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Metalcasting process control: American Foundry Society Technical Department.

Many different processes and materials are involved in the production of a quality cast component, and establishing good repeatable process controls is difficult in the metalcasting environment. Good practice is the process of consistently controlling all casting parameters to minimize variations in the process and producing high quality components that meet customer needs.

One method to help gain control is the collection and analysis of process data through statistical process control charts (SPC). Although SPC is sometimes viewed as an older process control measure that has been usurped by more modern methods, SPC is still a valid method for quality control in the metalcasting facility and can be a valuable tool for process improvement. SPC uses process measurements and statistical methods to control a production process. The key idea in SPC is a state of statistical process control is not natural for any manufacturing process and can be achieved only by eliminating the process variables one by one. Overall, metalcasting is a robust process that can accept some degree of variation, so long as variation is within limits. Each process can be measured and process variations identified. When the process is under statistical process control, consistent quality parts will be produced with a more predictable number of them meeting designated quality standards. As long as the process remains under control, then it should continue to produce the same quality parts.

Personnel probably have already identified the processes that need to be controlled to produce a quality product, such as metal chemistry, pour temperature, pour rate, sand test results, among others SPC is a tool to collect process data and organize it so that it can be interpreted easily to signal when a process is veering out of control. The most common charts used in SPC are the X-bar and R chart. The X-bar is a plot of the average for a particular value over time. The R chart is the range, the difference between the highest and lowest measured values. By plotting these values, businesses can see how their process varies and begin to bring it into tighter control.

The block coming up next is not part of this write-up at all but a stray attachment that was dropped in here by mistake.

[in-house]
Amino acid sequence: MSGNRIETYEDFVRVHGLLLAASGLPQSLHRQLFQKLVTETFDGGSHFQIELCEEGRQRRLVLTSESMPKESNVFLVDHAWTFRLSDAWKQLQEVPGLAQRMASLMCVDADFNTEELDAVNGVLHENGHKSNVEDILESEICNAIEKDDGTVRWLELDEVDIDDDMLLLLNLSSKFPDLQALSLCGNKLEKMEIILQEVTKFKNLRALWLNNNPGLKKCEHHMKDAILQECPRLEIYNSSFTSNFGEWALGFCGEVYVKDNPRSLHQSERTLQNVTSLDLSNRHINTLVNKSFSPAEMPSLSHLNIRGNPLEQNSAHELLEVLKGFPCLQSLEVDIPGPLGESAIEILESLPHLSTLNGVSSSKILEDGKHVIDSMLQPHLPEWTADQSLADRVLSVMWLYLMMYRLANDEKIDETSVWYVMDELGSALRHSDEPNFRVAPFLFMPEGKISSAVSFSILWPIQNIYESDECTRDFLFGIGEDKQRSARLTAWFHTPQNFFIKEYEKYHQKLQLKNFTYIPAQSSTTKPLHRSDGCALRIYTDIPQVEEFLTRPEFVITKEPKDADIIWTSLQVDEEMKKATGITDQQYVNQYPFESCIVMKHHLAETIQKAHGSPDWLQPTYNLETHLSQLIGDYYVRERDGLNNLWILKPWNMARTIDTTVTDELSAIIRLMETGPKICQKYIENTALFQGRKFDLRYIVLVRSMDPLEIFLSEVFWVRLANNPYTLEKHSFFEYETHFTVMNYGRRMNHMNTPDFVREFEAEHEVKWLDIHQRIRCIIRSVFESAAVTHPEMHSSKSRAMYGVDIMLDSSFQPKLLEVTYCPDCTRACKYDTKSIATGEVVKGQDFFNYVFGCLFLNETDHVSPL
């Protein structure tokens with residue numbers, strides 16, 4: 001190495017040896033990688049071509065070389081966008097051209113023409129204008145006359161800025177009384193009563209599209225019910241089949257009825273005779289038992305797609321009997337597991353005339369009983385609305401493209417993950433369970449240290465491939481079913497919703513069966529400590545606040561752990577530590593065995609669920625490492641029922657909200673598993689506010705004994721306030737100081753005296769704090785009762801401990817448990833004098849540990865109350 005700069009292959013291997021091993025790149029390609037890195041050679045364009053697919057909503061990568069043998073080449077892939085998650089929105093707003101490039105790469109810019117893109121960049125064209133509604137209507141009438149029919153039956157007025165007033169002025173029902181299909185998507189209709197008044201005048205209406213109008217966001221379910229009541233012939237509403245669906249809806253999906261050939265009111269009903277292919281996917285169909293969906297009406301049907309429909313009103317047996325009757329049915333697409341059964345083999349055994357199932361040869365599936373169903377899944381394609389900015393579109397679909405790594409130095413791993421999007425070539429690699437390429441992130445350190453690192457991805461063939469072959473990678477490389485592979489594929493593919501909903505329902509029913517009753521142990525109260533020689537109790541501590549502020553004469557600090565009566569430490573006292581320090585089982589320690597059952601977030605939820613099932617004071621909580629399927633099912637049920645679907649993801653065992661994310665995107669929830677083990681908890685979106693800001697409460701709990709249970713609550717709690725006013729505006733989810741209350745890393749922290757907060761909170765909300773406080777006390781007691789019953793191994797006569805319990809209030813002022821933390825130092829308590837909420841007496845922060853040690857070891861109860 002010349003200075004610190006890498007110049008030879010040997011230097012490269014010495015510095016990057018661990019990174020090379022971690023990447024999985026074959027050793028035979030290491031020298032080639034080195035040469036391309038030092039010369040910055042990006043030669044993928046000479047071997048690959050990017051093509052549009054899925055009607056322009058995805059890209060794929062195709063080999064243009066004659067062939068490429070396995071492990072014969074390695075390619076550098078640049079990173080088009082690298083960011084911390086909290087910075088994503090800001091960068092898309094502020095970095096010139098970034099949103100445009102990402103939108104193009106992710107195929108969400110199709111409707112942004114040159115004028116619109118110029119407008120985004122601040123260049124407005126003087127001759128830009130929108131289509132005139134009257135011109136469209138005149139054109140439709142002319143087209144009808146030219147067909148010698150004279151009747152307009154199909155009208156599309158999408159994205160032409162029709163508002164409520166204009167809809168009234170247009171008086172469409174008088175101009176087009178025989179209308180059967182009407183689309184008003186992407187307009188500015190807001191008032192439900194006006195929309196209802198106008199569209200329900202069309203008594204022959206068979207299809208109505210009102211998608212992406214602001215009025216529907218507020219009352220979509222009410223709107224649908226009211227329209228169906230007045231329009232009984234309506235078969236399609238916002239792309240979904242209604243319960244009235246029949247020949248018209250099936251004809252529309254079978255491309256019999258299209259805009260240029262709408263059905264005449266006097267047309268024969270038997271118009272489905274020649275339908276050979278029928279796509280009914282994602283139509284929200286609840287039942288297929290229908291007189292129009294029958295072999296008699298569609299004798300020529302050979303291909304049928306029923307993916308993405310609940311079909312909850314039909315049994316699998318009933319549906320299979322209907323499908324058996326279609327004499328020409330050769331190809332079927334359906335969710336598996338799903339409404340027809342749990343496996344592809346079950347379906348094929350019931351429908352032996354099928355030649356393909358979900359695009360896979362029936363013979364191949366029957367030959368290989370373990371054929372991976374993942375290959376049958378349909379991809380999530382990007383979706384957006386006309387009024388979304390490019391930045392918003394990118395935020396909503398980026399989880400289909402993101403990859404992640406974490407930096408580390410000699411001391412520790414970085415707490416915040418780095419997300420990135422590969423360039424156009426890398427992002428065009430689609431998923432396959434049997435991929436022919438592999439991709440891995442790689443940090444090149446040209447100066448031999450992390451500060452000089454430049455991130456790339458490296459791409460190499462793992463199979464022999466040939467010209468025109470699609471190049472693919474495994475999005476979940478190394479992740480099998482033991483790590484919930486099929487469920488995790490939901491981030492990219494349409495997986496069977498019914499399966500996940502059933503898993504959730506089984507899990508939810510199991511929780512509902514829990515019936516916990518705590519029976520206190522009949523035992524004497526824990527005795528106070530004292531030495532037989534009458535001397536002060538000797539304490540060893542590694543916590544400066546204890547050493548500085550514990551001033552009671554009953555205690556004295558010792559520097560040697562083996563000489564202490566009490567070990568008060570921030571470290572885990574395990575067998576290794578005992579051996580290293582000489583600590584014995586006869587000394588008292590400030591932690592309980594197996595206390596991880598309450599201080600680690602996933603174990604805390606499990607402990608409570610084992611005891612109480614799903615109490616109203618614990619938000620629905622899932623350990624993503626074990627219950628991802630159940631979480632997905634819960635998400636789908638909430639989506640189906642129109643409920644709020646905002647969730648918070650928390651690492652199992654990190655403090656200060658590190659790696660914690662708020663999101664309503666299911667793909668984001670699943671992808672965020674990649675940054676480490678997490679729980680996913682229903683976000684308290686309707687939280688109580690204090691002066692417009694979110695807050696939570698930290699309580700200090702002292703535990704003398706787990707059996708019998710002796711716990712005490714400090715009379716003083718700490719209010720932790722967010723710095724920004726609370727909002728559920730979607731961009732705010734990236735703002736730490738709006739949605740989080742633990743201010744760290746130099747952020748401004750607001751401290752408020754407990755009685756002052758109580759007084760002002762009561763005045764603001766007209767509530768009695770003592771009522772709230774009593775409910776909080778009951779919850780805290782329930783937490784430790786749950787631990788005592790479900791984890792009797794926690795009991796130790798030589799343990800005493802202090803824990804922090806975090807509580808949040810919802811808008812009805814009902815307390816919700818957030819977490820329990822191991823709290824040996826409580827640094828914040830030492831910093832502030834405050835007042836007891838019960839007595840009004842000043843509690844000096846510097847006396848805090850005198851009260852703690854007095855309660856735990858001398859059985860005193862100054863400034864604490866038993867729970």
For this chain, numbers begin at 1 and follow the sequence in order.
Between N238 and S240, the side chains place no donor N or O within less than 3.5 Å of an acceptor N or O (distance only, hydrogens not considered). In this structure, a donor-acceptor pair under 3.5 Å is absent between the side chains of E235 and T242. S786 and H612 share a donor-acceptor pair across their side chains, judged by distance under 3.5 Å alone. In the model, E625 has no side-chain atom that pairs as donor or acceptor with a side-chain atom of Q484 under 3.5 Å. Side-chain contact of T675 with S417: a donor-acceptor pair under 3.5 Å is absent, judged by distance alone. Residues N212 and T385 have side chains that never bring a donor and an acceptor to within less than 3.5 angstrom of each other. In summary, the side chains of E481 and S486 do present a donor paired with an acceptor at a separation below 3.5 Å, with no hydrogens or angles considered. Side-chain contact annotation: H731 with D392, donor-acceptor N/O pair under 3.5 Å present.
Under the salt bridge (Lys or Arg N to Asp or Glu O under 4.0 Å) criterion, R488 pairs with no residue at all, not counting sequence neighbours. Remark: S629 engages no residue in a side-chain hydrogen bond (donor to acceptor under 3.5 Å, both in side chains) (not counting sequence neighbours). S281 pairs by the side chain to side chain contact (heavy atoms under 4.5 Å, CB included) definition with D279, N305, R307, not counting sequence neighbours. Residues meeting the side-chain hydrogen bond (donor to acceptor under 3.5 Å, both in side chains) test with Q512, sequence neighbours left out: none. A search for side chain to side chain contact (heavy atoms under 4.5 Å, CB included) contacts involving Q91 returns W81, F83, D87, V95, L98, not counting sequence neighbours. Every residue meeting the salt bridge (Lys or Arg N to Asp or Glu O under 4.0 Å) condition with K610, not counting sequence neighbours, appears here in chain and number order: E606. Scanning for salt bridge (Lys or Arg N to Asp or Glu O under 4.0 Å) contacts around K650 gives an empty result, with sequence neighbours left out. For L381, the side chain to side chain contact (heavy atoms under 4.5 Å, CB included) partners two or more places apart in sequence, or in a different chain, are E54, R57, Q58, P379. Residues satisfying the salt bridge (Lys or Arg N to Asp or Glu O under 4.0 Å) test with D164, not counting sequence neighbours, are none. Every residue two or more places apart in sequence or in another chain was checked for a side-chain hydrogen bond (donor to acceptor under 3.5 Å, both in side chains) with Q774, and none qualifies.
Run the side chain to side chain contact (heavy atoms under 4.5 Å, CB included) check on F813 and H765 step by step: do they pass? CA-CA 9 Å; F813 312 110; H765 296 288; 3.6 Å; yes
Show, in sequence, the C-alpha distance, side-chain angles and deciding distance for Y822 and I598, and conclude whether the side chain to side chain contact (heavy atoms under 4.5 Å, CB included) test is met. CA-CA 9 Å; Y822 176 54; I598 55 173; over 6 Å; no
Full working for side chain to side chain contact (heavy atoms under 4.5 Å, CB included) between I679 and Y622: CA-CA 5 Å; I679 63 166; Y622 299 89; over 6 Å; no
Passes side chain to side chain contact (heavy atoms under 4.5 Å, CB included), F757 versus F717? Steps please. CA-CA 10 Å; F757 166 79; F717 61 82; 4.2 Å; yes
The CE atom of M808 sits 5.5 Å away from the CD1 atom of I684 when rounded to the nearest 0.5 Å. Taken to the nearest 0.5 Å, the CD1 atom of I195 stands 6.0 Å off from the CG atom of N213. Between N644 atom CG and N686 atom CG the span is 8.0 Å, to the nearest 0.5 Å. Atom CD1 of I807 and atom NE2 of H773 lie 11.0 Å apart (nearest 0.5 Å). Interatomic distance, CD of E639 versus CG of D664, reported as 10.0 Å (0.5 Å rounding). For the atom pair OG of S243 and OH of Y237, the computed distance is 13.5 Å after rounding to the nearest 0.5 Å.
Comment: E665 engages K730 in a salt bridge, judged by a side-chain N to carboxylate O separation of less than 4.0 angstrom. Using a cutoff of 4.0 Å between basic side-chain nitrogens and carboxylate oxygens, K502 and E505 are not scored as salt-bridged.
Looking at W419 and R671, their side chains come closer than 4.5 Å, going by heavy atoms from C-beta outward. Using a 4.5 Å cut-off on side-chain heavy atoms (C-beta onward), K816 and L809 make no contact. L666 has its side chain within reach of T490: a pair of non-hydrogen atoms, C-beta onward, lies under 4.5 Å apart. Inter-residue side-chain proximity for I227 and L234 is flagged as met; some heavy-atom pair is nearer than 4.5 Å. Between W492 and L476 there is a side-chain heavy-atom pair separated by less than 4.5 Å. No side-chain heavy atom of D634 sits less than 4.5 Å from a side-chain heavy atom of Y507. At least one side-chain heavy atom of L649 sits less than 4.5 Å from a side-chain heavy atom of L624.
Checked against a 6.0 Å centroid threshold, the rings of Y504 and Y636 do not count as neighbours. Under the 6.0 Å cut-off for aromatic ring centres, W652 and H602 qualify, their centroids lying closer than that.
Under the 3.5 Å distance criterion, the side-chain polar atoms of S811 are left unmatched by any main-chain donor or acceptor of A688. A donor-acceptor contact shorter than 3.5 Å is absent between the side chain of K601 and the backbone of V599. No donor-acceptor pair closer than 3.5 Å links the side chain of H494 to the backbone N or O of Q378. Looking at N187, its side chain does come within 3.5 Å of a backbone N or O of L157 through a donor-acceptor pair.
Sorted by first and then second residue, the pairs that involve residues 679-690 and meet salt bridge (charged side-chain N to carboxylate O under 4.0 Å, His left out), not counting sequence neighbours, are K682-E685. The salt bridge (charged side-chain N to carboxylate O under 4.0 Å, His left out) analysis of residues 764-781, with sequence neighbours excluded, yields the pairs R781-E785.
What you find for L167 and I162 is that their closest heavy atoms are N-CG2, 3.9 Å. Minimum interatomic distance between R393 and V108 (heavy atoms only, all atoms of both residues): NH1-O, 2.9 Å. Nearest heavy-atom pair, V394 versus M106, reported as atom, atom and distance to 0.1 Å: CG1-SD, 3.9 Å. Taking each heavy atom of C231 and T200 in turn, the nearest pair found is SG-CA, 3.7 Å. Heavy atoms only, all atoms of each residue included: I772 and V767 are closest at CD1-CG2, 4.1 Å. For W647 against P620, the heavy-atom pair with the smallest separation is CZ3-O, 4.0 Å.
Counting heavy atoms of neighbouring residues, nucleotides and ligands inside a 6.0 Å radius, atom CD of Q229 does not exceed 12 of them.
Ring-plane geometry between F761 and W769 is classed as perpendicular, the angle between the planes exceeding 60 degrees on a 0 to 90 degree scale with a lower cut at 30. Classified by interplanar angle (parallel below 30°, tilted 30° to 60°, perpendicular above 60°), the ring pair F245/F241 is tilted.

Data charts can be used to measure when the process has fallen out of the range specified by the metalcasting quality process. However, identifying moments of noncompliance is of restricted value. The real benefit of SPC is to signal engineers the process is moving out of control. By collecting and charting data, the business can identify when a process is transitioning toward the control limits. The metalcaster then can work to reduce variation and tighten process controls until they are folly inside the limits. Put another way, the control limits should tell when the process has failed (has gone out of control), but SPC process control limits are designed to prevent the failure in the first place by warning that the system is heading out of control.

For example, quality and engineering personnel collect sand test data such as compactability, permeability, and methylene blue clay. Control charts display test data over time so that variations from the norm are identified. In the case of a green sand system, engineers are not necessarily looking for outliers (individual test results falling outside the control limits), but rather looking at the overall chart line to see if the system is trending upward or downward toward one of the control limits (Fig. l).This chart shows daily loss on ignition (LOI) tests. Each data point represents the average of three tests. The red lines indicate the upper and lower process specifications. Specifications are the limits set because experience indicates that sand within these limits will produce good quality castings and sand outside those limits will likely produce casting defects. The blue shaded area shows the limits of the current process controls. The control limits are based on the actual data from the sand system testing. Note the current upper process control limit is outside of the specification. This indicates that the metalcasting facility cannot yet control LOI to the desired level and that action is required to bring the process under control. Tests also show wide variation. Once sand system engineers drive down the variation within the system, staying within the specification limits should never be a problem. Figure 2 shows the process is now in control, and the upper and lower control limits are within the process specifications.


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Title Annotation:CAST TIP
Publication:Modern Casting
Date:Oct 1, 2016
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